The expansion of cities must accommodate more innovative, inclusive, and sustainable models
One of the basic requirements to sustain a smart city is housing, for which redevelopment of under-utilized urban areas needs to be seen with a fresher perspective as a model for New India, says Mitu Mathur, Director, GPM Architects and Planners.
Considering that it has been more than half a decade, how happy are you with the progress we have made in The Smart City Initiatives?
According to international reports, more than two-thirds of the planet’s population of 9 billion will live in cities by 2050. India alone will add 400 million people, making it imperative to develop innovative solutions to cater to the fast-growing number of urban dwellers. The Indian government launched the Smart Cities Mission in 2015 with a vision to promote holistic development and come up with long-range planning solutions for creating housing, open space, and adequate infrastructure for our cities. Though various projects have been implemented in selected cities over the last few years, we still have a long way to drive our country’s economic growth and improve people’s quality of living.
The pandemic has raised some red flags w.r.t to existing urban landscape, are smart cities well designed to address such emergencies?
The Covid-19 pandemic has necessitated the need to rethink our cities in light of upcoming challenges and adopt an environment-conscious lifestyle. This time has allowed us to re-evaluate our approach, primarily towards designing recognizable and engaging architecture, promoting community living, ensuring housing for all, and revitalizing the city. Thus, our future smart cities need to move beyond mitigation and adaptation and instead repurpose and redesign the built environment for a sustainable future. The approach cannot be ‘one-size-fits all’. We need to come up with an individual vision, mission, and plan for each city appropriate to its unique problems, resources, context, and the genius loci.
The expansion of cities that urban population growth entails cannot be contained merely by the horizontal expansion of cities, but instead, must accommodate more innovative, inclusive, and sustainable models. One of the basic requirements to sustain a smart city is housing, for which redevelopment of under-utilized urban areas needs to be seen with a fresher perspective as a model for New India. One such example is of prominent residential colonies in Central Delhi – Netaji Nagar and Sarojini Nagar that have a tremendous opportunity to accommodate mass housing and, owing to their scale, set an example as self-sustainable dense urban communities.
Another critical factor that architects and developers need to carefully address to make the housing initiatives a success is – Going ‘High-Rise’. Land being a non-renewable resource makes vertical living synonymous with successful living. Though one might argue that high-rise structures consume more energy, but on the contrary, they have the power to promote a much compact lifestyle, enabling more open and green spaces, critical for a healthy lifestyle. Provided there is a balance of key elements of green development with adequate infrastructure and resources to cater to the populace, the vertical growth model can help reduce the per-capita carbon footprint and bring about a revolution in the Indian building industry. We are also trying to incorporate these features in our recent housing projects, wherein the development is designed to bridge the gap between nature and users. To cater to the premium needs of housing, the projects consist of high-end facilities and amenities, along with ample open green spaces, reinforcing the idea of community living.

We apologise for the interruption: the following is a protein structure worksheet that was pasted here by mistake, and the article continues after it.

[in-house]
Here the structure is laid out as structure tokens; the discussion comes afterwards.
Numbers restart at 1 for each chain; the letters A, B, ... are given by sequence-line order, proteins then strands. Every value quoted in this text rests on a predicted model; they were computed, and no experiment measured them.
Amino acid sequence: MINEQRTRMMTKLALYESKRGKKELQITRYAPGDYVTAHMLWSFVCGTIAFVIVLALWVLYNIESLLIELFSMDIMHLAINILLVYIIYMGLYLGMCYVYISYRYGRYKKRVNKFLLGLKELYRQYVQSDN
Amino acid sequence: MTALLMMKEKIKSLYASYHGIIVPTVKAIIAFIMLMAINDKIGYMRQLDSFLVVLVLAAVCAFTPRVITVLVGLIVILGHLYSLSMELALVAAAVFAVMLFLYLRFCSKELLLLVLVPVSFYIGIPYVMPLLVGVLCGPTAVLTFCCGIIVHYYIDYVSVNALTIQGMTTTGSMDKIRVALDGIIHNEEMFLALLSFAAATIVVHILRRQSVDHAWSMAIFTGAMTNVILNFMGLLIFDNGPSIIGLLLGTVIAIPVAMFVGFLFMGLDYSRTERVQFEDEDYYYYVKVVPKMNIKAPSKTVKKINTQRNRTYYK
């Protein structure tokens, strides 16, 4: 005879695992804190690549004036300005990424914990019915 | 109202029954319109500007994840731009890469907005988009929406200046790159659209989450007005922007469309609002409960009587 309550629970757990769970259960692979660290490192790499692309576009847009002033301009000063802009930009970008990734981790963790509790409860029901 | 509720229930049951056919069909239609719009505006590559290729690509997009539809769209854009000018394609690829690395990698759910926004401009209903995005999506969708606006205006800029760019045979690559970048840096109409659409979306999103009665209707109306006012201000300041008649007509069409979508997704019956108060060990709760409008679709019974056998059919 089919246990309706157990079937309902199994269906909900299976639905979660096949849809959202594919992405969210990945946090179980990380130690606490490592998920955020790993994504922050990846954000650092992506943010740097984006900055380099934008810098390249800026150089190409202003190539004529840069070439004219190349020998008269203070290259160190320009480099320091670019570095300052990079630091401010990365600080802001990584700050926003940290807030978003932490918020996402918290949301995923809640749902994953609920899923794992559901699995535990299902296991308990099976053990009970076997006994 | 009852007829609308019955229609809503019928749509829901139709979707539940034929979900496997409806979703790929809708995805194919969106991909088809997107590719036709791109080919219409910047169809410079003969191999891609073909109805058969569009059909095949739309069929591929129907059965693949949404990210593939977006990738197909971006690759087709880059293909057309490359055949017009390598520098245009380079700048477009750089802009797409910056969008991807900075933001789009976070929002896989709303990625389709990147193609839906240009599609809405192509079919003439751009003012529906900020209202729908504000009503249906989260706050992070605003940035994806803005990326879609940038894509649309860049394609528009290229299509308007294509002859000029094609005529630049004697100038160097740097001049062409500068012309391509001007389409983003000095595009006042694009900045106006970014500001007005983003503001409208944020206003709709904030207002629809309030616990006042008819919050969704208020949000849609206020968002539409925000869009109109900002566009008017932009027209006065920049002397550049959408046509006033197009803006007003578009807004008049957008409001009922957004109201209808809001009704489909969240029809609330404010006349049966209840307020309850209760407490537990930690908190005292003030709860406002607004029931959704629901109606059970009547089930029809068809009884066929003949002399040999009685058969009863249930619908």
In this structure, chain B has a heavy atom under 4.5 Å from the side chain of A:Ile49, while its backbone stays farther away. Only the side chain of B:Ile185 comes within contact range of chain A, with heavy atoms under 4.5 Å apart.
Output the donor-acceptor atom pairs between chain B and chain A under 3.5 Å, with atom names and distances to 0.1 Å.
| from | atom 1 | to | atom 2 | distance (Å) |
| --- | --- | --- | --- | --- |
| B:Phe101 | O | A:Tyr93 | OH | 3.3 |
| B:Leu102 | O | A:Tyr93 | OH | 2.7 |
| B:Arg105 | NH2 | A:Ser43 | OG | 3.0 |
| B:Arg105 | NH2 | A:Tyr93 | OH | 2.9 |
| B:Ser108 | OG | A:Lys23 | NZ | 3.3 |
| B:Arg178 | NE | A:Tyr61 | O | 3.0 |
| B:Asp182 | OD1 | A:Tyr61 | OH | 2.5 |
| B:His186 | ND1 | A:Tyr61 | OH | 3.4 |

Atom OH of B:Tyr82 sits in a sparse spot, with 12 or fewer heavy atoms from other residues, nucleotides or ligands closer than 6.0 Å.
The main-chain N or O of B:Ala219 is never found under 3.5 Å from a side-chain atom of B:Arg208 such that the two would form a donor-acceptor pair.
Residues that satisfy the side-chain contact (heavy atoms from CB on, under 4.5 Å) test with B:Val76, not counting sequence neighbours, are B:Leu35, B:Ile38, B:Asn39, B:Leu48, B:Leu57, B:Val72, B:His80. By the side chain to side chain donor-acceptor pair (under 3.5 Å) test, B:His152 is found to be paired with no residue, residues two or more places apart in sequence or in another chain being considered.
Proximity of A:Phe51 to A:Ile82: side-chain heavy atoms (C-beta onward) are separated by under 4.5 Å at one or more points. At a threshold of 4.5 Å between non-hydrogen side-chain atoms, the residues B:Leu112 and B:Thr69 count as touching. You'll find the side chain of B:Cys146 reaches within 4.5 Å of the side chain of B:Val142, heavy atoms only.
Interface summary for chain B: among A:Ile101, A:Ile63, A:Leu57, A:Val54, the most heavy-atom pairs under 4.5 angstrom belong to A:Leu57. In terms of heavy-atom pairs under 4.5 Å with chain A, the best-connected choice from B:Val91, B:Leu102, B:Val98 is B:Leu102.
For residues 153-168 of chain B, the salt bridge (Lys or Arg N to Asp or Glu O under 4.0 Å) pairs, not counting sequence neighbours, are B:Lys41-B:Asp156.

The affordable housing segment also needs to be pushed aggressively to enable further growth of smarter cities, catering to the larger middle and lower-income groups. With schemes like PMAY and DDJ, the affordability of the residential units on the rise, and the introduction of efficient and innovative design solutions, the value of these homes can be highlighted multiple times. Developments wherein innovative features like study areas for work-from-home and ample open spaces are incorporated are needed to enhance the vertical living experience for the residents.
According to you what are some of the key technologies and products we have to import or develop indigenously to ensure this initiative is a success?
The evolution of construction technology has reduced the cost of construction and is speeding up its process dramatically. This can be one of the critical factors in determining the success of this initiative. In one such project – the MLA Office Blocks in Delhi, we used a non-polluting, dry construction method to make its execution environmentally friendly, making them one of the first large scale buildings to use this technique. Dry construction technology uses less water and involves light gauge steel frames for walls, ceilings and floors, replacing the traditional brick and concrete.
Even the foundation uses crystalline admixture to reduce the porosity of concrete and corrosion of the reinforcement bars. The use of pre-engineered structural members such as columns and beams during the construction also helped reduce the time period of the project and was also less labour intensive, as no welding was required on site. Since no dust is generated during this process, it is a viable technique to ensure faster yet sustainable construction.
Bringing in the use of modular design and new technologies for large-scale projects can save time and ensure quality, leading to a rise in the frequency of construction of such projects. Use of more standardized materials, PEB structures, and modular practices like aluminium formwork and jump formwork for high-rise structures, modular kitchens, flooring, and even modular toilets can be very effective.